Uterine, Endometrial, Ovarian, and Cervical Cancer: Epidemiology and Treatment Strategies

A special issue of Journal of Clinical Medicine (ISSN 2077-0383). This special issue belongs to the section "Obstetrics & Gynecology".

Deadline for manuscript submissions: 30 April 2024 | Viewed by 3547

Special Issue Editors


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Guest Editor
Seoul Metropolitan Government - Seoul National University Borame Medical Centerdisabled, Seoul, Republic of Korea
Interests: gynecologic oncology

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Guest Editor
Seoul St. Mary's Hospital, College of Medicine, The Catholic University of Korea, Seoul, Republic of Korea
Interests: gynecologic oncology

Special Issue Information

Dear Colleagues,

Gynecological cancers including cervical cancer, endometrial cancer, and ovarian cancer have unique disease properties. Treatment for early-stage cervical or endometrial cancer almost always involves using minimally invasive surgery (MIS); laparoscopic surgery and robotic surgery have exhibited pronounced development, and the improvement of the safety of these surgeries is crucial for patients. Another focus on endometrial cancer is a different strategy associated with molecular classification. In ovarian cancer, recent molecular and genetic analysis is remarkable, and adjuvant chemotherapy for ovarian cancer is completely different from that of ten years ago. Artificial intelligence (AI) modalities might extend and expand human intelligence, and the diagnostic significance of AI technology is steadily progressing. Another remarkable issue related to gynecological cancer is the finding of gene fusions that are thought to be driver mutations. The oncology panel is developed and should be a promising candidate modality to find suitable drugs for unusual gynecologic tumors.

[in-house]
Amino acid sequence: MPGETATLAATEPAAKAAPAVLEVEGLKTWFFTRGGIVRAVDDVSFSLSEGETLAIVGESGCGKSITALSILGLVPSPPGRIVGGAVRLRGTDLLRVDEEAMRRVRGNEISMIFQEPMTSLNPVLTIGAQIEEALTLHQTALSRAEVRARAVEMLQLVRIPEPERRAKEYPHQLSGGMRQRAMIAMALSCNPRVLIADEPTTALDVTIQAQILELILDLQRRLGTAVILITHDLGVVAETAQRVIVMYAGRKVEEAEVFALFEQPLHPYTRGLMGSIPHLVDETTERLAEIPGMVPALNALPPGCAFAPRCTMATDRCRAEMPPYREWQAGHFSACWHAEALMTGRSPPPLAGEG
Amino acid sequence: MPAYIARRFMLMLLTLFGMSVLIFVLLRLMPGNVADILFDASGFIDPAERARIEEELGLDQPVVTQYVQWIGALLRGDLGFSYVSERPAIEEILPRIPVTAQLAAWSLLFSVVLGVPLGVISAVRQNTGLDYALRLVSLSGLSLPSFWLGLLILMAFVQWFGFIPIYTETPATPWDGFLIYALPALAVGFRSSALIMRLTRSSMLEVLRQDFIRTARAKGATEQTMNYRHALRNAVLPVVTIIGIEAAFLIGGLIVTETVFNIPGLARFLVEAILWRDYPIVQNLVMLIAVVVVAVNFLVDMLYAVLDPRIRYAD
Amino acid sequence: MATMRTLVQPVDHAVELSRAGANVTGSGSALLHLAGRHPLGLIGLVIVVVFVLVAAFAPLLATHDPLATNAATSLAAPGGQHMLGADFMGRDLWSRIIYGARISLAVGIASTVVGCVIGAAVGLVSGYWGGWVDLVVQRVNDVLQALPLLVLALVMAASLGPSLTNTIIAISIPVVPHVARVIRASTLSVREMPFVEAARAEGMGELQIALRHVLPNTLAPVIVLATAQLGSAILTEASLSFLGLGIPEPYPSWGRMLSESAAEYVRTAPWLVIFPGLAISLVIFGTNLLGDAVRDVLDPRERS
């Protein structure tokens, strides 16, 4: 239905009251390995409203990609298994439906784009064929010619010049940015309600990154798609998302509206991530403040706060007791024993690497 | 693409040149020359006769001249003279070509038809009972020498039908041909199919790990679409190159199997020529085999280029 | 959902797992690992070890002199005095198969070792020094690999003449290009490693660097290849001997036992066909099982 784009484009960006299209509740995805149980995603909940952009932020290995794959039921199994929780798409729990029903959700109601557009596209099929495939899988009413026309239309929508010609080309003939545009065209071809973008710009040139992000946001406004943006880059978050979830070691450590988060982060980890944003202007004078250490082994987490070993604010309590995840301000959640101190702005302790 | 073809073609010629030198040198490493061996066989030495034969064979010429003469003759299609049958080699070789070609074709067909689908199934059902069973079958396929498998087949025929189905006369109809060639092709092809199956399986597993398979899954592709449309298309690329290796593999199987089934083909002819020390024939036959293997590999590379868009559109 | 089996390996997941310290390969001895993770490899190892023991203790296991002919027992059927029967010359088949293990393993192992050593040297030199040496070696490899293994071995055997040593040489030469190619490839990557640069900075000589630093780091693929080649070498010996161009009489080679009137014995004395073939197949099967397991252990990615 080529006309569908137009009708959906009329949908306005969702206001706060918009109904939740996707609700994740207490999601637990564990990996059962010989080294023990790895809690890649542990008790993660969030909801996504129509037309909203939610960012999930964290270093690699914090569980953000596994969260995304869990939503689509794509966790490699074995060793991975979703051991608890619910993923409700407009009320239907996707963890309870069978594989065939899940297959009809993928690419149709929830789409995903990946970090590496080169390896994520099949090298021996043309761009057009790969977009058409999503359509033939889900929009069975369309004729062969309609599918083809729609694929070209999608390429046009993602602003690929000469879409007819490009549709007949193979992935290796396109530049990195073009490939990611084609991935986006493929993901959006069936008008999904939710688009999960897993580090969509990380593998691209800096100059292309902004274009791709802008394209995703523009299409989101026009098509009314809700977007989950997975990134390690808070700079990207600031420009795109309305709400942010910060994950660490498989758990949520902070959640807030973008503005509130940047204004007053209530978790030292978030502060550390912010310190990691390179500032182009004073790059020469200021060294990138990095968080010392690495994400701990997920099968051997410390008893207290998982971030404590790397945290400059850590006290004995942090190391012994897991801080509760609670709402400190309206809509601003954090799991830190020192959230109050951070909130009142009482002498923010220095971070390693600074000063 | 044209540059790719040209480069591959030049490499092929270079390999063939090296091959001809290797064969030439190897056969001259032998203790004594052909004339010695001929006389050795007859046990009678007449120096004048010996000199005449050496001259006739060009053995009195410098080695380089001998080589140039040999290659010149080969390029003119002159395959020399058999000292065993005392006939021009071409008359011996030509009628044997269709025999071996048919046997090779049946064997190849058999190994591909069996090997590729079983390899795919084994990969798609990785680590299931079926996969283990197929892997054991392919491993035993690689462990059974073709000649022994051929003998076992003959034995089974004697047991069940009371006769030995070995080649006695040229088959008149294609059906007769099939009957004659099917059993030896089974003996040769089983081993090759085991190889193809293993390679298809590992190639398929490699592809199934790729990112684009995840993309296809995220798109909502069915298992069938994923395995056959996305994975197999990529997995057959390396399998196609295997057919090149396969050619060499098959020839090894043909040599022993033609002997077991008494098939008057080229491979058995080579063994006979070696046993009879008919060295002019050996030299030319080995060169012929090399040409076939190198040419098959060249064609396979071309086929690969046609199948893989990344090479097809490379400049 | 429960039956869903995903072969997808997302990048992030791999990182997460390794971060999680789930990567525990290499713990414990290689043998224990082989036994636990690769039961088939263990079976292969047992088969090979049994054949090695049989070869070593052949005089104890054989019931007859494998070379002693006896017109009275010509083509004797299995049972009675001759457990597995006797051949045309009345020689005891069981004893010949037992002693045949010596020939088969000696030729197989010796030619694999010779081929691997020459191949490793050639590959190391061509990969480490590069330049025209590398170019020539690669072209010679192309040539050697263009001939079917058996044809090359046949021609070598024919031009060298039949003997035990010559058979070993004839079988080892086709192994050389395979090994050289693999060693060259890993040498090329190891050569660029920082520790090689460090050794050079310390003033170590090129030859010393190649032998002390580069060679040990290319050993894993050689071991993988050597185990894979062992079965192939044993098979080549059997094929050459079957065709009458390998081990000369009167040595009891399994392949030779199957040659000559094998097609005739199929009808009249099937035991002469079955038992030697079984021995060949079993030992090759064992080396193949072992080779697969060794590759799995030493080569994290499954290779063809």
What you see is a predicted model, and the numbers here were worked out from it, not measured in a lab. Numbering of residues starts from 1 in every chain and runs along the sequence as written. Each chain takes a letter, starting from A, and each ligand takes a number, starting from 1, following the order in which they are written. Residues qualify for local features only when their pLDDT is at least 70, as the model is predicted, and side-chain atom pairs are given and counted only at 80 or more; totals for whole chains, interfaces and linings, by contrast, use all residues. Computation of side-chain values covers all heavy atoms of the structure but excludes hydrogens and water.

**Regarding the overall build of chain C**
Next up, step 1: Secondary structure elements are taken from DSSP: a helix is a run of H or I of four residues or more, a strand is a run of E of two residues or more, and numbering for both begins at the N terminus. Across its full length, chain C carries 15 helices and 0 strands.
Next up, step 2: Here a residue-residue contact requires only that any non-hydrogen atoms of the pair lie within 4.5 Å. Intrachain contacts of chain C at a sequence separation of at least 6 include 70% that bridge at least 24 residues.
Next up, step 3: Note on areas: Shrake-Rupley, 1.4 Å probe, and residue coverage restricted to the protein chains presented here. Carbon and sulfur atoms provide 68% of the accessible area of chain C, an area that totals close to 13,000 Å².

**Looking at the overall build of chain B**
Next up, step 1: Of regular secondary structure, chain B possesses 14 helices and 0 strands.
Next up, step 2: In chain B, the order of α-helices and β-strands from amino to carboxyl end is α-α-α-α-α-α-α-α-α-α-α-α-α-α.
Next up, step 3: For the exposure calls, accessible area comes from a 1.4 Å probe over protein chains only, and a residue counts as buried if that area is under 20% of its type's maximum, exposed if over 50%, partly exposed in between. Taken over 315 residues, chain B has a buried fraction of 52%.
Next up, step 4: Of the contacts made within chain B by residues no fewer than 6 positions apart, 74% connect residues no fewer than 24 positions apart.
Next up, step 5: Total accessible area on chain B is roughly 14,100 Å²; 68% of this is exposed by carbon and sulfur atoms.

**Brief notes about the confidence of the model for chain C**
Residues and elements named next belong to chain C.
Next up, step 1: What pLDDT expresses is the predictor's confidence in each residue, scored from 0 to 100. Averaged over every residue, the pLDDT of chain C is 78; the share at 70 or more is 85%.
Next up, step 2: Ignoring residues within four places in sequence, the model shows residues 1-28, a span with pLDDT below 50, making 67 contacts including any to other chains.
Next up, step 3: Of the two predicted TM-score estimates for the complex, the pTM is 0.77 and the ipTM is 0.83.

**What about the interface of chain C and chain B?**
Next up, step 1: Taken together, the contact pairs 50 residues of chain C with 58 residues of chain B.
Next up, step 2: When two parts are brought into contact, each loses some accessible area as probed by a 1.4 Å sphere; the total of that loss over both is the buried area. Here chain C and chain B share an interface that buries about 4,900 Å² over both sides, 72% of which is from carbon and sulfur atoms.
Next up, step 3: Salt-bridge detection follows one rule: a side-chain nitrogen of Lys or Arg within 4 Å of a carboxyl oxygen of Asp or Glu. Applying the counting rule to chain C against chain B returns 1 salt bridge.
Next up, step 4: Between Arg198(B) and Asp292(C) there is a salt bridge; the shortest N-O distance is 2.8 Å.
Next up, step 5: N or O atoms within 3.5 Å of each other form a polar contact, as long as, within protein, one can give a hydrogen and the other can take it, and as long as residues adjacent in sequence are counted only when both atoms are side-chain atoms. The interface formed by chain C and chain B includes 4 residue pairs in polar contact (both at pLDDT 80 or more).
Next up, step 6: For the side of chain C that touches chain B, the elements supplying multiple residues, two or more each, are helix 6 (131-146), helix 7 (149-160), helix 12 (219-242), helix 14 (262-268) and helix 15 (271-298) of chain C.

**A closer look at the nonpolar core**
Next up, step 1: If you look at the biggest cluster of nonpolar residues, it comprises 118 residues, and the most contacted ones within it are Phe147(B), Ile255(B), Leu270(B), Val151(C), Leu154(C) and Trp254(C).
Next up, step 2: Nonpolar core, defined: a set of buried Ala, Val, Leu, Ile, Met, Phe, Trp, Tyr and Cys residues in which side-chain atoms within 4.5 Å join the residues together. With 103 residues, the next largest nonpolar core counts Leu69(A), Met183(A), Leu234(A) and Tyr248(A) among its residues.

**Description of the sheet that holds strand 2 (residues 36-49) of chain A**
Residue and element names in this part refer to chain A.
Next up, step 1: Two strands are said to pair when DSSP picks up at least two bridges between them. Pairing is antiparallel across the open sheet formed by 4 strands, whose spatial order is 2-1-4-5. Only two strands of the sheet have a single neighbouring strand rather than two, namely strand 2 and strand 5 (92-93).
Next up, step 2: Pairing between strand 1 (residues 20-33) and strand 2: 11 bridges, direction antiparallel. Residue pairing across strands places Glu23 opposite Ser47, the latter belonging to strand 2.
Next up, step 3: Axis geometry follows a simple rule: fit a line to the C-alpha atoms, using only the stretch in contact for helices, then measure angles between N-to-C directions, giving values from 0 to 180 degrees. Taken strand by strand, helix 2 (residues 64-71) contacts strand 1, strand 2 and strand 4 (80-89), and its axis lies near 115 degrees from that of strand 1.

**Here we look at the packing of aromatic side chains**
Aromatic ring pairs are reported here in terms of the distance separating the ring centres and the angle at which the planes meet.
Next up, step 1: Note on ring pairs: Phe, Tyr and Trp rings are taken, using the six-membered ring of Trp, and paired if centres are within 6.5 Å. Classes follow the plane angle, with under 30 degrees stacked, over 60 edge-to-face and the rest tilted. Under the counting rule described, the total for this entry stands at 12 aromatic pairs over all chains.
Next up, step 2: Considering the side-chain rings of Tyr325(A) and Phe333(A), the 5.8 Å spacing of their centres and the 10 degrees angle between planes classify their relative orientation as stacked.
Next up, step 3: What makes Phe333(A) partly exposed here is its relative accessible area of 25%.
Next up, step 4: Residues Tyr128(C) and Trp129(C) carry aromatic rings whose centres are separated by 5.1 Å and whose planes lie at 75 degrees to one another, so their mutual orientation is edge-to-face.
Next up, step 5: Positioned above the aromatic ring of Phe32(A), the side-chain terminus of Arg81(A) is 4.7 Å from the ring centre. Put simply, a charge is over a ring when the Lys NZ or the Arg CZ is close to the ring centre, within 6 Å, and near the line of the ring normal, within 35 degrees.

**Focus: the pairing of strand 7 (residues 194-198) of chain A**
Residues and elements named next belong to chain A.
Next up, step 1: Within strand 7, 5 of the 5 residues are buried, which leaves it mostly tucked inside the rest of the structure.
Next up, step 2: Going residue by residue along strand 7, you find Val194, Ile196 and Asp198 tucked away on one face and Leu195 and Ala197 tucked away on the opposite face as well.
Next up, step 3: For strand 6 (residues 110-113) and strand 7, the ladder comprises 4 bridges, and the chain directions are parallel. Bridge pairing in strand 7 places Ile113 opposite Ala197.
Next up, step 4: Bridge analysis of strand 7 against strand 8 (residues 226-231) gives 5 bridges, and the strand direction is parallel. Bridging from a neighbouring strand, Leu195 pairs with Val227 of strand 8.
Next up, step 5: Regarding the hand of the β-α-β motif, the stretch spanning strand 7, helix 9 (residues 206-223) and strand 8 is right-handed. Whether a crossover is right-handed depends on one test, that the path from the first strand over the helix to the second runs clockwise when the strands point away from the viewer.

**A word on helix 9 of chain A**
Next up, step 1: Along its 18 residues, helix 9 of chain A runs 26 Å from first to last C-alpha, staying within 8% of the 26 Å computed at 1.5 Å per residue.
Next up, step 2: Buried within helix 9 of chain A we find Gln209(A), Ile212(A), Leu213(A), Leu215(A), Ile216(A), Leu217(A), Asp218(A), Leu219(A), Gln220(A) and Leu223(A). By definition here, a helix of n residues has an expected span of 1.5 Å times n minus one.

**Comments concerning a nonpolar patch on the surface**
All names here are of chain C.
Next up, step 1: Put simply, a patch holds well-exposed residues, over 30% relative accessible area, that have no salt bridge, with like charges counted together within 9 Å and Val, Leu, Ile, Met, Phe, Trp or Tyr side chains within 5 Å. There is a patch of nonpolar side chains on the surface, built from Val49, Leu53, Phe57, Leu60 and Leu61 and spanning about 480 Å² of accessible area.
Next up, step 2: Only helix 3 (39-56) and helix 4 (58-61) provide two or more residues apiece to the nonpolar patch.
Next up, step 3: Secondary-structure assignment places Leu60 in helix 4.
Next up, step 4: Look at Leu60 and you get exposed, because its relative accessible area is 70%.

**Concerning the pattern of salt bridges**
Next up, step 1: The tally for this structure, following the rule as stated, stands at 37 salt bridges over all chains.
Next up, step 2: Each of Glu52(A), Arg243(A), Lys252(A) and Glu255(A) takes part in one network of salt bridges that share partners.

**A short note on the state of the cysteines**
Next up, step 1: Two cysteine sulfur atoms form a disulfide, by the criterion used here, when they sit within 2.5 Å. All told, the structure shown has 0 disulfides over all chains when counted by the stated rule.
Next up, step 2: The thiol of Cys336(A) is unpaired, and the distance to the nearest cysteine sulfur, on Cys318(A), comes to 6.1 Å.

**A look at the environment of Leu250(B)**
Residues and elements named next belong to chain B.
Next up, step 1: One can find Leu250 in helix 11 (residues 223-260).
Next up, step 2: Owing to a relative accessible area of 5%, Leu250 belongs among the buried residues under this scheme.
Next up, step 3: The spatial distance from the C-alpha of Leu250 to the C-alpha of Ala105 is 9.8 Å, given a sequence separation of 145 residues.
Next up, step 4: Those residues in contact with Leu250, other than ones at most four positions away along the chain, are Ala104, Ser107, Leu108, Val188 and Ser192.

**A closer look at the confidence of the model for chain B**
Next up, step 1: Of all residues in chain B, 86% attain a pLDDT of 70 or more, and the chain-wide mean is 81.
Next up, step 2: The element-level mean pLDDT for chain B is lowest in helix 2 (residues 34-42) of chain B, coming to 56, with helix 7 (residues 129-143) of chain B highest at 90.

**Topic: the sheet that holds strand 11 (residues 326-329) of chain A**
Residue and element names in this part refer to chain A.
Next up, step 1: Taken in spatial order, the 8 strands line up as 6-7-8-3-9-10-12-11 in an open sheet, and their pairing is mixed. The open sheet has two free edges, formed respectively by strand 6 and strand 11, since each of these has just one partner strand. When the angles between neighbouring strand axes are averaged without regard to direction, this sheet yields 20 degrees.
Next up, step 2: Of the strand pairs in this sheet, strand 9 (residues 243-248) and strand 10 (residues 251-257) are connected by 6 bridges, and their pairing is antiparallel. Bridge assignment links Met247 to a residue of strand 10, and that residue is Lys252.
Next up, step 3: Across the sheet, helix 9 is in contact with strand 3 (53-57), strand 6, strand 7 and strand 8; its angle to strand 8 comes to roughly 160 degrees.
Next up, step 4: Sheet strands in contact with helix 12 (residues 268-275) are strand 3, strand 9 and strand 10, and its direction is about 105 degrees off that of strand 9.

In this Special Issue, the authors will present the most recent studies concerning the development of gynecological cancers. These include treatment strategies for various gynecological cancers and the molecular characterization and prognostic parameters of gynecological cancers. We welcome the submission of novel research to help researchers and women who have an interest in gynecologic cancers to learn more about these diseases (symptoms, prevention, and early diagnosis), and improve their treatment.

Prof. Dr. Taek Sang Lee
Prof. Dr. Sung Jong Lee
Guest Editors

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Published Papers (2 papers)

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Research

8 pages, 239 KiB  
Article
The Association between Metabolic Syndrome and Epithelial Cell Abnormalities Detected on Pap Smear: A Nationwide Population-Based Study
by Dayong Lee and Taek Sang Lee
J. Clin. Med. 2023, 12(8), 2954; https://doi.org/10.3390/jcm12082954 - 19 Apr 2023
Cited by 1 | Viewed by 1192
Abstract
Several epidemiologic studies have suggested the correlation between metabolic syndrome (MetS) and cervical cancer. The identification of epithelial cell abnormalities through cervical cytology implies lesions that may lead to cervical cancer in the long term, making screening a crucial measure for its prevention. [...] Read more.